In a nod at concerns over keeping the Russian language "clean" and correctly spoken, the Russian Language Information Portal (www.gramota.ru) took the education and science award.
Russia's great architects were given a pat on the back when the Architecture of Russia Web site (www.archi.ru took the art and museums award. The prestigious literature category was awarded to the Russian Reading Circle Magazine (www.russ.ru/krug).
The online art award, dedicated to Internet-orientated projects by a single artist, went to Darya Tchuzhbina's site (dasha. paragraph.ru). The Russian Internet Academy created the children and youth category to encourage the development of sites for children. The Virtual Kids Children's Portal (www.vkids.ru) took the prize for its simple, user- friendly design and relevant, well-organized content.
Popular site Zvuki.ru (www. zvuki.ru) was the music victor. Although other online music sites have seen a good deal of publicity in recent months, Zvuki.ru claims to be the largest legal music encyclopedia in Eastern Europe.
The development of Russian e-commerce has been inhibited by the distrust of the banking system and an affinity for making payments in cash. It was, therefore, encouraging to see high-quality players in the e- commerce category. Internet bookstore OZON (www.ozon.ru) walked away with the trophy.

all rights reserved as distributed by WorldSources, Inc.

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    ITAR-TASS / 03/12/2001
    Forum of high defence technologies under way in Moscow
    • By Alexander Kovalyov and Yevgeny Nikitin

    В Москве пройдет второй международный форум по высоким технологиям. Участники форума обсудят пути международного сотрудничества в сфере высоких технологий

MOSCOW, Mar 12, 2001 (Itar-Tass via COMTEX) -- More than 240 enterprises and organisations of Russia, based in 25 regions of the country, are taking part in the work of the second Moscow international forum on high defence technologies, which opened on Monday. It is being attended by representatives from enterprises of the country's defence complex, from Russian and foreign enterprises and organisations specialising in the production of science-consuming goods, from investment funds, financial, crediting and commercial organisations, from financial-industrial groups, banks, and insurance companies.
An international conference will be held in the course of the forum under the watchword: "High Technologies for the Benefit of People and Society". There will be panels to discuss different problems of science and technology. Some investment projects will be submitted. The forum participants will discuss ways to promote international cooperation in the sphere of high technologies. An HT-2001 Exhibition will be put on view during the forum. It will feature products manufactured by high technology sectors of the economy: aerospace industry, machine-building, atomic and power industries, laser, radio-electronic and communication factories, biotechnology, etc.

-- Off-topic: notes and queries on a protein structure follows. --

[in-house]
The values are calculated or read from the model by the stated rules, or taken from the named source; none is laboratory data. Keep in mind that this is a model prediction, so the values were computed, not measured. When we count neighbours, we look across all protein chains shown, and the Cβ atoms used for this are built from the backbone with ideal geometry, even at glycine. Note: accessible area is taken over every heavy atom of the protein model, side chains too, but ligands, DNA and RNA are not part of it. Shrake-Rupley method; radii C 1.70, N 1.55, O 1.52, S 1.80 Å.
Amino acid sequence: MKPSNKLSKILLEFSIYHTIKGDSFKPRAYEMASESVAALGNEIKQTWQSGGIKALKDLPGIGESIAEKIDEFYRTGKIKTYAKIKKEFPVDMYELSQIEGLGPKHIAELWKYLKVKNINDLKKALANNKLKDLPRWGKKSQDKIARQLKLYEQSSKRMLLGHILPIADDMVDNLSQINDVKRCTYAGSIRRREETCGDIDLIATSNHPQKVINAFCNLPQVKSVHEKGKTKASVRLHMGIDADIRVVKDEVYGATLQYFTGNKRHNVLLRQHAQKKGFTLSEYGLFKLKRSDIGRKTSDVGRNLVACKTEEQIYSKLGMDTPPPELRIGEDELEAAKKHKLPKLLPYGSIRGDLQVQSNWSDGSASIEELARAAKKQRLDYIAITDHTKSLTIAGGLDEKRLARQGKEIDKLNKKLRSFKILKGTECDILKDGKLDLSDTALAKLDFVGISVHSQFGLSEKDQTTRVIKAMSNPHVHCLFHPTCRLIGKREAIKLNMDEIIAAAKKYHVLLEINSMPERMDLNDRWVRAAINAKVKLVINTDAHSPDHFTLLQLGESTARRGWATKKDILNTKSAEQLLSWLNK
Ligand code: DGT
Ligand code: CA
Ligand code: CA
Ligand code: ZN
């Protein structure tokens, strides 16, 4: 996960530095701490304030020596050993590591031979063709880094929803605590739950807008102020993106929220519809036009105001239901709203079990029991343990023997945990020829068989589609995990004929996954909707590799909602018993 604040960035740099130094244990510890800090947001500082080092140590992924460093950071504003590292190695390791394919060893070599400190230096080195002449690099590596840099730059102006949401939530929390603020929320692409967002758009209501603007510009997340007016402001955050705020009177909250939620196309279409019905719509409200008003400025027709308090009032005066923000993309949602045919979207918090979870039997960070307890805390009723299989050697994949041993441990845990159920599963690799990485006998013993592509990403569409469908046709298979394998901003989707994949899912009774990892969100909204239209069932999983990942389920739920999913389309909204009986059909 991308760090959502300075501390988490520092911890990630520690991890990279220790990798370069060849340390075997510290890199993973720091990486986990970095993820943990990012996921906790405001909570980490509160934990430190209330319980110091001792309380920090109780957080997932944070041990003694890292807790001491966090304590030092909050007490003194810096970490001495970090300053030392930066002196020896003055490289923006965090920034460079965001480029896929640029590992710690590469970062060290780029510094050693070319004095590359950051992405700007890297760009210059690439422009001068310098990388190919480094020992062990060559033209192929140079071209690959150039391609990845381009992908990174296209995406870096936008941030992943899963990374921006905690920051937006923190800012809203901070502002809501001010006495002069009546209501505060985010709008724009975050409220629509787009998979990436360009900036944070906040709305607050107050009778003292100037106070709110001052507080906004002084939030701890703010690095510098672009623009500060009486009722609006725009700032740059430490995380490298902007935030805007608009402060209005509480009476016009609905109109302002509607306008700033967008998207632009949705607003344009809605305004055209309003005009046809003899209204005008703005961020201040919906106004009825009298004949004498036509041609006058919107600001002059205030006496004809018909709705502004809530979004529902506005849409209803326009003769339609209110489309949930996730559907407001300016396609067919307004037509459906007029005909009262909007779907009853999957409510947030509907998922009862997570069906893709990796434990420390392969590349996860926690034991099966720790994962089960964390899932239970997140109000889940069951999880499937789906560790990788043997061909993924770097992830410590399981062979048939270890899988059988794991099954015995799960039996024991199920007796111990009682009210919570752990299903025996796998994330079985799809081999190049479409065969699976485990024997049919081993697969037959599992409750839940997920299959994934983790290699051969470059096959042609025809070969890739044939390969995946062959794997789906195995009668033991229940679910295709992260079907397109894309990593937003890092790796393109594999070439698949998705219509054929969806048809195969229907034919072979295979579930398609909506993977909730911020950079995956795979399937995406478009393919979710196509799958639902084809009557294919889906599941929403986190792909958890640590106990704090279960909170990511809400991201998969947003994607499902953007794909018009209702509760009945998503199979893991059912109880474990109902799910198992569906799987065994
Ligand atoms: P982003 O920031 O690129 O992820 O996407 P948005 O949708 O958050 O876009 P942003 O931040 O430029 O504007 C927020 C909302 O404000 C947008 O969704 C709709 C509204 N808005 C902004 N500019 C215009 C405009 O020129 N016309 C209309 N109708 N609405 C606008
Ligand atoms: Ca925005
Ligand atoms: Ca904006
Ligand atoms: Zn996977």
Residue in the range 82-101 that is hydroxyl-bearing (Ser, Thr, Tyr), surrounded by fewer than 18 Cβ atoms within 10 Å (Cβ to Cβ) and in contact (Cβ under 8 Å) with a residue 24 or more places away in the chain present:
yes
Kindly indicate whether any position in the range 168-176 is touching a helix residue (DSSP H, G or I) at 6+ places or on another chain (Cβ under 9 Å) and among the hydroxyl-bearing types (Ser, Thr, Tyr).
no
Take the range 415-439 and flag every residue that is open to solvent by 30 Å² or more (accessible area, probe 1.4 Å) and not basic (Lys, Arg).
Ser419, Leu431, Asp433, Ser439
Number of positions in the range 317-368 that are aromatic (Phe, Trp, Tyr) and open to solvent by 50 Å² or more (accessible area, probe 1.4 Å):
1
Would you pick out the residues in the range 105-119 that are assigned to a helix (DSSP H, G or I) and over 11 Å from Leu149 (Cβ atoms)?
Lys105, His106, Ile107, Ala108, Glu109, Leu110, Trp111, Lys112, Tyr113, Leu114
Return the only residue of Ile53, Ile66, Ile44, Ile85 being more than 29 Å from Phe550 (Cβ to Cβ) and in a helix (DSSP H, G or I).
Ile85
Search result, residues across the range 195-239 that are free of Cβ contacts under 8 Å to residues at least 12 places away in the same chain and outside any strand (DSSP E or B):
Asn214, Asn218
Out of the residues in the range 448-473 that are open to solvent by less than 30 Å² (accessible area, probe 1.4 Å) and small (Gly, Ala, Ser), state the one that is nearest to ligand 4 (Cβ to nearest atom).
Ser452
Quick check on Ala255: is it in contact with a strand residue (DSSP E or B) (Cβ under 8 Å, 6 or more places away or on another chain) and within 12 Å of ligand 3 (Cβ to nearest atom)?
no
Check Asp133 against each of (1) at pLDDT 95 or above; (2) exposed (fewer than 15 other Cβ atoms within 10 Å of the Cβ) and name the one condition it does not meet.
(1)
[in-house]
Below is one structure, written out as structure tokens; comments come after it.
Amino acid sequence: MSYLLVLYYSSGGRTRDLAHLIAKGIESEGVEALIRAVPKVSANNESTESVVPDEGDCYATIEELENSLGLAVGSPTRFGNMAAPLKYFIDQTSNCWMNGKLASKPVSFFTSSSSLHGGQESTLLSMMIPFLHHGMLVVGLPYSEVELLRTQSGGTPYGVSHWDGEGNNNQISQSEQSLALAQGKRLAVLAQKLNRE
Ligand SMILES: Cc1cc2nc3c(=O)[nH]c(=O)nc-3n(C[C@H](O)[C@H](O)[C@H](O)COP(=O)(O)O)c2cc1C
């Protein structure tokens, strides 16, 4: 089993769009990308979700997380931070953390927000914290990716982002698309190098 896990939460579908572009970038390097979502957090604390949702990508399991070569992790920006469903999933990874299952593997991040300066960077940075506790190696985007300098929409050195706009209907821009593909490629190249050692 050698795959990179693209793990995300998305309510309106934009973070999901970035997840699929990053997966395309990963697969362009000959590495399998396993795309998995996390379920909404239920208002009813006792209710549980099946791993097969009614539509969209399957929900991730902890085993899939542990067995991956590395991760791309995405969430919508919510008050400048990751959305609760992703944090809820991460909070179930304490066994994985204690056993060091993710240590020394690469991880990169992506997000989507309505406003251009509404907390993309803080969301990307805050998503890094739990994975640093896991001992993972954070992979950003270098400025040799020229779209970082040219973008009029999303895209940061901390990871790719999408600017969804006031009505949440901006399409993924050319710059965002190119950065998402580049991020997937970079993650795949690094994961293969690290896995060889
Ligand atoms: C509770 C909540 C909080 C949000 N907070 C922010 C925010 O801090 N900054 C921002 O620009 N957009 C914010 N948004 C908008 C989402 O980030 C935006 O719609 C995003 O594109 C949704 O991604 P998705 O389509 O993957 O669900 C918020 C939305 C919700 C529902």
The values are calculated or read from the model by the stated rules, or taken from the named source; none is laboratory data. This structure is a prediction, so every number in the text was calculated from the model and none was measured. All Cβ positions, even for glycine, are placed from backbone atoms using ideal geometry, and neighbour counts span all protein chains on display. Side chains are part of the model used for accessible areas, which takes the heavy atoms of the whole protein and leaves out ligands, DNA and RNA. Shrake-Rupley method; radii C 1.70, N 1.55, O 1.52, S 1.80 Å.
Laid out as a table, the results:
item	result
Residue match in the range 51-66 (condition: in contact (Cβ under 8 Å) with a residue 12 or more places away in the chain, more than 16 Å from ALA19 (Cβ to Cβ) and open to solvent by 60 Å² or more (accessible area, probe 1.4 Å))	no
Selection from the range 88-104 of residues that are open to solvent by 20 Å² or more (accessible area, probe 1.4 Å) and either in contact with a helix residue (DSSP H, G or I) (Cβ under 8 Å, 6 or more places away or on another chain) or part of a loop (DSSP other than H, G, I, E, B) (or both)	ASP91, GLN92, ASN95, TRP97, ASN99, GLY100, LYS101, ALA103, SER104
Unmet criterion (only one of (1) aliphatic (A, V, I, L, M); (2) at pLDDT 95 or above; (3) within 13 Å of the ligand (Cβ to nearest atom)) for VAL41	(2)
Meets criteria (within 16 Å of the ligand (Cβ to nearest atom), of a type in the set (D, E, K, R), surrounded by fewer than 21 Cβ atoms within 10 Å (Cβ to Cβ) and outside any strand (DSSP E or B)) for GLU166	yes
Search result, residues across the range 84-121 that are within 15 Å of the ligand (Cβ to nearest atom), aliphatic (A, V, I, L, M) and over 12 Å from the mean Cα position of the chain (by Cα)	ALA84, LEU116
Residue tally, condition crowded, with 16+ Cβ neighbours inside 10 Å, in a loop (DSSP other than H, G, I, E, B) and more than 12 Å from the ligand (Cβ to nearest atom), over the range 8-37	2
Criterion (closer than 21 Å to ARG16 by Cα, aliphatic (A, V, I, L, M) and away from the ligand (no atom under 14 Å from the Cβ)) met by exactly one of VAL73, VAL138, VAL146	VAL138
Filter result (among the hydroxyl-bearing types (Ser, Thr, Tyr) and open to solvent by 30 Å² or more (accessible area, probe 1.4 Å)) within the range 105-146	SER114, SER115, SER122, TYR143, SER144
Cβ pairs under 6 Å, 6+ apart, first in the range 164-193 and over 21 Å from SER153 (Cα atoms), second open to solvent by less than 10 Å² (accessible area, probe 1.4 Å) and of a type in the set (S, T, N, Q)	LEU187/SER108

The forum was organised by the Moscow city government, the Russian Fund for the Development of High Technologies, the Institute of Economy and Complex Communication Problems, the Moscow Chamber of Commerce and Industry, and the Expo-Centre Joint-Stock Society.

©(c) 1996-2001 ITAR-TASS. All rights reserved

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    Xinhua News Agency / 03/07/2001
    China, Russia Cooperate on High-tech Promotion

    Город Томск с его старейшим в стране университетом и город Лиянь (Liaoyang) в северо-восточной провинции Китая заключили соглашение о создании зоны развития высоких технологий для реализации научных достижений

SHENYANG, Mar 7, 2001 (Xinhua via COMTEX) -- Liaoyang, a city in northeast China's Liaoning Province, and Tomsk, a famous university town in Russia, have signed agreement on building a high-tech development zone to materialize research achievement.
According to the agreement, both sides will cooperate on about 200 projects covering coating, new materials, wireless network, and chemical products. So far, implementation of the projects are proceeding smoothly. Located in Liaoyang, the zone will apply research achievements from the Russian Academy of Sciences and Russian universities.
Sun Liangyuan, mayor of Liaoyang, said the government will encourage cooperation with overseas research institutes. "The city is trying to become the largest base for petrochemical products and chemical fibres in north China", said the mayor. Government officials also pledged efficient service and favorable policies for the projects.


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Продолжение дайджеста за МАРТ 2001 года (часть 2)